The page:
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As the field of customer success grows and develops, more and more management jobs and executive roles are opening up. It is absolutely critical that customer success managers who want to move into these positions start developing strong management skills. Being a terrific CSM isn’t enough to make you a great leader.
Many customer success leaders are “home grown”, especially in the startups we work with. These professionals are top-notch CSMs that have helped get their company’s customer success efforts off the ground. However, in order for these leaders to develop and scale with the business, they need to pick up some new skills. If you want to grow into a Director or VP of Customer Success, make sure you’ve got (or build) skills in these 5 areas:
Being a great CSM doesn’t automatically make you a great manager of other CSMs. You’ll need to pick up some new skills to keep motivation high and turnover low. The biggest shift should be in your perspective: Your role is now to help other people succeed, in their own way and their own time. If you’re a top performer it can be really tough to let go of being a “doer” and shift to serving your team members by giving them the coaching and resources they need to succeed. Don’t worry – if they shine, you shine too. That said, there is a fine line between coaching and micromanaging. My favorite book for new managers is The 12 Elements of Great Managing (Wagner/Hartner).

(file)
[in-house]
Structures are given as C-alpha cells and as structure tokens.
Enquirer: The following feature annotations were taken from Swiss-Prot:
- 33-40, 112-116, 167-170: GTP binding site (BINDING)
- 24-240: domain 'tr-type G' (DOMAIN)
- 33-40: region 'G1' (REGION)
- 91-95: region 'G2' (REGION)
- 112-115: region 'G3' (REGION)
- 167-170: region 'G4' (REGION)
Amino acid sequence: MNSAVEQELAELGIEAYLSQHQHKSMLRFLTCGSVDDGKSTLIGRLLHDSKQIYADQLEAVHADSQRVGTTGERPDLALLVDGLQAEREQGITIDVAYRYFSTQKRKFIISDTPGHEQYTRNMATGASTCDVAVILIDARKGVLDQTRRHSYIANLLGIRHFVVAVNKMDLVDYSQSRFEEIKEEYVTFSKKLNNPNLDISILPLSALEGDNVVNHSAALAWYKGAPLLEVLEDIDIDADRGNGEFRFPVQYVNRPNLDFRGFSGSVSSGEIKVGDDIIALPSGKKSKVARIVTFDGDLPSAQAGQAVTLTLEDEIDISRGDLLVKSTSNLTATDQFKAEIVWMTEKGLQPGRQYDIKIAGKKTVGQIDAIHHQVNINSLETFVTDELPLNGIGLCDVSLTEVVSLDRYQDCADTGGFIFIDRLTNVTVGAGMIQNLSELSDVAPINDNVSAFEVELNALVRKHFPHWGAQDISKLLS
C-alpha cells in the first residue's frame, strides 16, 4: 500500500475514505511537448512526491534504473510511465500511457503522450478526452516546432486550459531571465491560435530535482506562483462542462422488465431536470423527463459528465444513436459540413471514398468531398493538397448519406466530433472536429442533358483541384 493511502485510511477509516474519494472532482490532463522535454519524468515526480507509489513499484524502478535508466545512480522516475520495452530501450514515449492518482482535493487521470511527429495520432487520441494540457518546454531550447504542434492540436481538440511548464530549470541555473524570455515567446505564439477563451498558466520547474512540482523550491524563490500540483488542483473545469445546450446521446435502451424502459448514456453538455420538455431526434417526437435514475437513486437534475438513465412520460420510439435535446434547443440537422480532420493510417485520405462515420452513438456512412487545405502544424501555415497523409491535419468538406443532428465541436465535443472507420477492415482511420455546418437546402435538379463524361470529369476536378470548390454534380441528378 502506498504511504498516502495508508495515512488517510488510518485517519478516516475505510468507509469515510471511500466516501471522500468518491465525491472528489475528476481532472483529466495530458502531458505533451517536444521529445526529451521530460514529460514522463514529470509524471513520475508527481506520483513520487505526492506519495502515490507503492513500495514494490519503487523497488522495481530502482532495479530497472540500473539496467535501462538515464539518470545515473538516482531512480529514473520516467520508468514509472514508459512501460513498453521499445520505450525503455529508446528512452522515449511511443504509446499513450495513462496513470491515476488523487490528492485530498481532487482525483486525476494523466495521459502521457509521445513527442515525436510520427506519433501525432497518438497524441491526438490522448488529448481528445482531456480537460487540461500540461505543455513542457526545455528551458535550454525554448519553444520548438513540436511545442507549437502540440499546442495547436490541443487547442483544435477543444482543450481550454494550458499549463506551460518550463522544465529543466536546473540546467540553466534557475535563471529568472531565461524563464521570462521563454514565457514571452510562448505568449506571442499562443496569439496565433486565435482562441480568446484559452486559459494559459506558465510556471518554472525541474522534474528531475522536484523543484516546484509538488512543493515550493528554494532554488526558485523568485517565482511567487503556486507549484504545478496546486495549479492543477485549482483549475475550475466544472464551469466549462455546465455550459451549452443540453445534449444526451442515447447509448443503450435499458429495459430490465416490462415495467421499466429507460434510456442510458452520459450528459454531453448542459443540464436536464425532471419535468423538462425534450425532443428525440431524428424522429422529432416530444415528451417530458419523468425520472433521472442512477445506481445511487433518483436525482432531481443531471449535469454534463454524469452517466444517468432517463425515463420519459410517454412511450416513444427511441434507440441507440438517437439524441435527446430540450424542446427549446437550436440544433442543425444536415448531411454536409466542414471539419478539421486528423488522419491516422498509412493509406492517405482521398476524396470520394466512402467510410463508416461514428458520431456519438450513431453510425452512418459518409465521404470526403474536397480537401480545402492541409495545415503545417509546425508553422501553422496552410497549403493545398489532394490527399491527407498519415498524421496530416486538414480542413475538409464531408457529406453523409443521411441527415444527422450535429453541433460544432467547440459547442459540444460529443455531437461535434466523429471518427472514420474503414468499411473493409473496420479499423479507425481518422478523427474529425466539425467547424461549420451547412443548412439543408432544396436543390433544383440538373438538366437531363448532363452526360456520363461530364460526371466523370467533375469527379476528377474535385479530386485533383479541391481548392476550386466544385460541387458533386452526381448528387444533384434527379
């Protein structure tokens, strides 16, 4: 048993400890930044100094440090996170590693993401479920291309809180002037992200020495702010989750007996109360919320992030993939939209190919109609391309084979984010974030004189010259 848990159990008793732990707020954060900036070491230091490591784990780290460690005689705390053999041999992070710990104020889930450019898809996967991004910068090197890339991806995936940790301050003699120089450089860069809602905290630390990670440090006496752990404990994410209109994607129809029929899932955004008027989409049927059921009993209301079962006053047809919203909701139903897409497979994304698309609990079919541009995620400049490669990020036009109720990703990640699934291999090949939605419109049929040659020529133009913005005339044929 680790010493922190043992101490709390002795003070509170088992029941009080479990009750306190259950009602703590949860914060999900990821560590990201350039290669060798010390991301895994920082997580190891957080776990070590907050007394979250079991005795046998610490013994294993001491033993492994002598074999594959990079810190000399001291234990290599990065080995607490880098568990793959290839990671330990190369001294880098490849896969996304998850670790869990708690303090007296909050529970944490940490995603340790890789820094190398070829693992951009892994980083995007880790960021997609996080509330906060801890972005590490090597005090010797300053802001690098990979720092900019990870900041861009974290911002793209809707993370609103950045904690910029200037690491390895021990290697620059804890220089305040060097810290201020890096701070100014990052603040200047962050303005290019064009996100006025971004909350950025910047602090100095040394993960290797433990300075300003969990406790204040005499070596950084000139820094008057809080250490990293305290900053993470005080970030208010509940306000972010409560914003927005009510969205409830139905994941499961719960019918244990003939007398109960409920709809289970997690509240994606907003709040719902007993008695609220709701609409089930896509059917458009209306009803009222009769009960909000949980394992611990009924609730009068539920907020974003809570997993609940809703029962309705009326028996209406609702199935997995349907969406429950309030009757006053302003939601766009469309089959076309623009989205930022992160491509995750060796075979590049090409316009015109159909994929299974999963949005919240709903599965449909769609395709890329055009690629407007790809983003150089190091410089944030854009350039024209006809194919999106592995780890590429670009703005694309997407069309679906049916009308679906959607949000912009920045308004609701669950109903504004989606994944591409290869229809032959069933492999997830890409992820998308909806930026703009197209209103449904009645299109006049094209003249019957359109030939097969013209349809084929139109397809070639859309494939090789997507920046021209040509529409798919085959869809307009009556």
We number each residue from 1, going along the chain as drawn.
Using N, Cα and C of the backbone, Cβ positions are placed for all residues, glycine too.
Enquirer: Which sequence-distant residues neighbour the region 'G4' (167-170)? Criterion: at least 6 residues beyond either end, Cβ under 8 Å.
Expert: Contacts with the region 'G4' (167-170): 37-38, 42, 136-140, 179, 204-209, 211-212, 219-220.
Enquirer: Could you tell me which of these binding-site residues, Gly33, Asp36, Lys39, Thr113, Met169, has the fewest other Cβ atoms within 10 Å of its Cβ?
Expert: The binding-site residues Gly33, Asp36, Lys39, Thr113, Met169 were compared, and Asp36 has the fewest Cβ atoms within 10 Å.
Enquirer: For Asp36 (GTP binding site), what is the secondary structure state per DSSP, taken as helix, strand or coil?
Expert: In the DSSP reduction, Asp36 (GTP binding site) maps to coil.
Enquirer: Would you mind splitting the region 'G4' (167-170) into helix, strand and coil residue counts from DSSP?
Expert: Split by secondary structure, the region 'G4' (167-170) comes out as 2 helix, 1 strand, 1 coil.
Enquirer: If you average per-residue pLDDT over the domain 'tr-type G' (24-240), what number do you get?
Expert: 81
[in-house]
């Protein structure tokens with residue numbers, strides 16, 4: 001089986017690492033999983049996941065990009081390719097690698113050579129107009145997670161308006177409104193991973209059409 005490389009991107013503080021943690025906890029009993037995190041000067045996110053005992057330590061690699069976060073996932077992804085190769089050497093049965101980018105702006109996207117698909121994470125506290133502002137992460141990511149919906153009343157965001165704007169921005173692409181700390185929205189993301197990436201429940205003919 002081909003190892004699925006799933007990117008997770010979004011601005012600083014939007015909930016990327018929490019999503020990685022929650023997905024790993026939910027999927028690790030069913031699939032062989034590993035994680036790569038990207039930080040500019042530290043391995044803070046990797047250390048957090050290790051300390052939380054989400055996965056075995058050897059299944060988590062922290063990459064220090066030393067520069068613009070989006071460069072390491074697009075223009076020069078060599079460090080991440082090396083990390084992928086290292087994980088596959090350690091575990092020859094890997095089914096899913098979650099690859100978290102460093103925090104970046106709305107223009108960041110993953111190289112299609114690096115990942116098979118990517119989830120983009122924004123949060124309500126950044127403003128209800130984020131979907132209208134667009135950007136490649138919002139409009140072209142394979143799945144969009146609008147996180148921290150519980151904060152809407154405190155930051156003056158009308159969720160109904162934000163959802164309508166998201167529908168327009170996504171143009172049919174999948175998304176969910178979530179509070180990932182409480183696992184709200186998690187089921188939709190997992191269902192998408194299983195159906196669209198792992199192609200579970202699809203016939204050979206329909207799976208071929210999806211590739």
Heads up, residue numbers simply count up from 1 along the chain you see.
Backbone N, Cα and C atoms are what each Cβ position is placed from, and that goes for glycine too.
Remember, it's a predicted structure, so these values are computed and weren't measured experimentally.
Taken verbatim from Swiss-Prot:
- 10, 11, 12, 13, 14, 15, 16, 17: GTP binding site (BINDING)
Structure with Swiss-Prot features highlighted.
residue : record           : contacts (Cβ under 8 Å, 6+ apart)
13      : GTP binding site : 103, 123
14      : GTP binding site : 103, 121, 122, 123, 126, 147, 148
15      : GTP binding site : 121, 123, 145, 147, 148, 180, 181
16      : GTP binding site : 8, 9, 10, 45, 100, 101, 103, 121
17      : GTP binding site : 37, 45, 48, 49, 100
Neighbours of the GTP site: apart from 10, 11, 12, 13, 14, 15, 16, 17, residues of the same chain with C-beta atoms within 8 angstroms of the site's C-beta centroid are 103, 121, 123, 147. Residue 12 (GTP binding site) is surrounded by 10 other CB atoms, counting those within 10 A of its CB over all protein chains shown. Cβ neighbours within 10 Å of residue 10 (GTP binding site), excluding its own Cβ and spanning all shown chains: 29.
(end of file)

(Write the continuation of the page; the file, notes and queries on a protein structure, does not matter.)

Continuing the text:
When you’re a leader, there is no room for excuses in analytics. Don’t know what to measure? There are countless articles and blogs on the KPIs for success teams. Don’t have great data? Figure out what you want to measure and put some manual data collection points in place. It only takes a few months of solid customer data to figure out the areas you need to dig in on, and if you explain that to your executive team they will generally give you that time. Need better tools? Work with the tools you have for now, and make it crystal clear to the rest of your leadership team which tools you need and what you’ll be able to deliver once you have them. Not comfortable with spreadsheets? Do your career a favor and take a Lynda class or two. Your finance team will thank you. Speaking of which…
You need to know how to read financial reports, build a budget, and interpret business models. I’ll admit, financial reports are not my favorite. However, they are what your board of directors uses to understand the overall health of your business. You need to know how your team impacts financial reports, both in terms of costs and revenue. Additionally, you should own your own budget. Hopefully you have some experience with managing a budget in terms of your personal finances: Doing this for a team is the same but on a larger scale. Business models Go to the full article.
Source:: Business 2 Community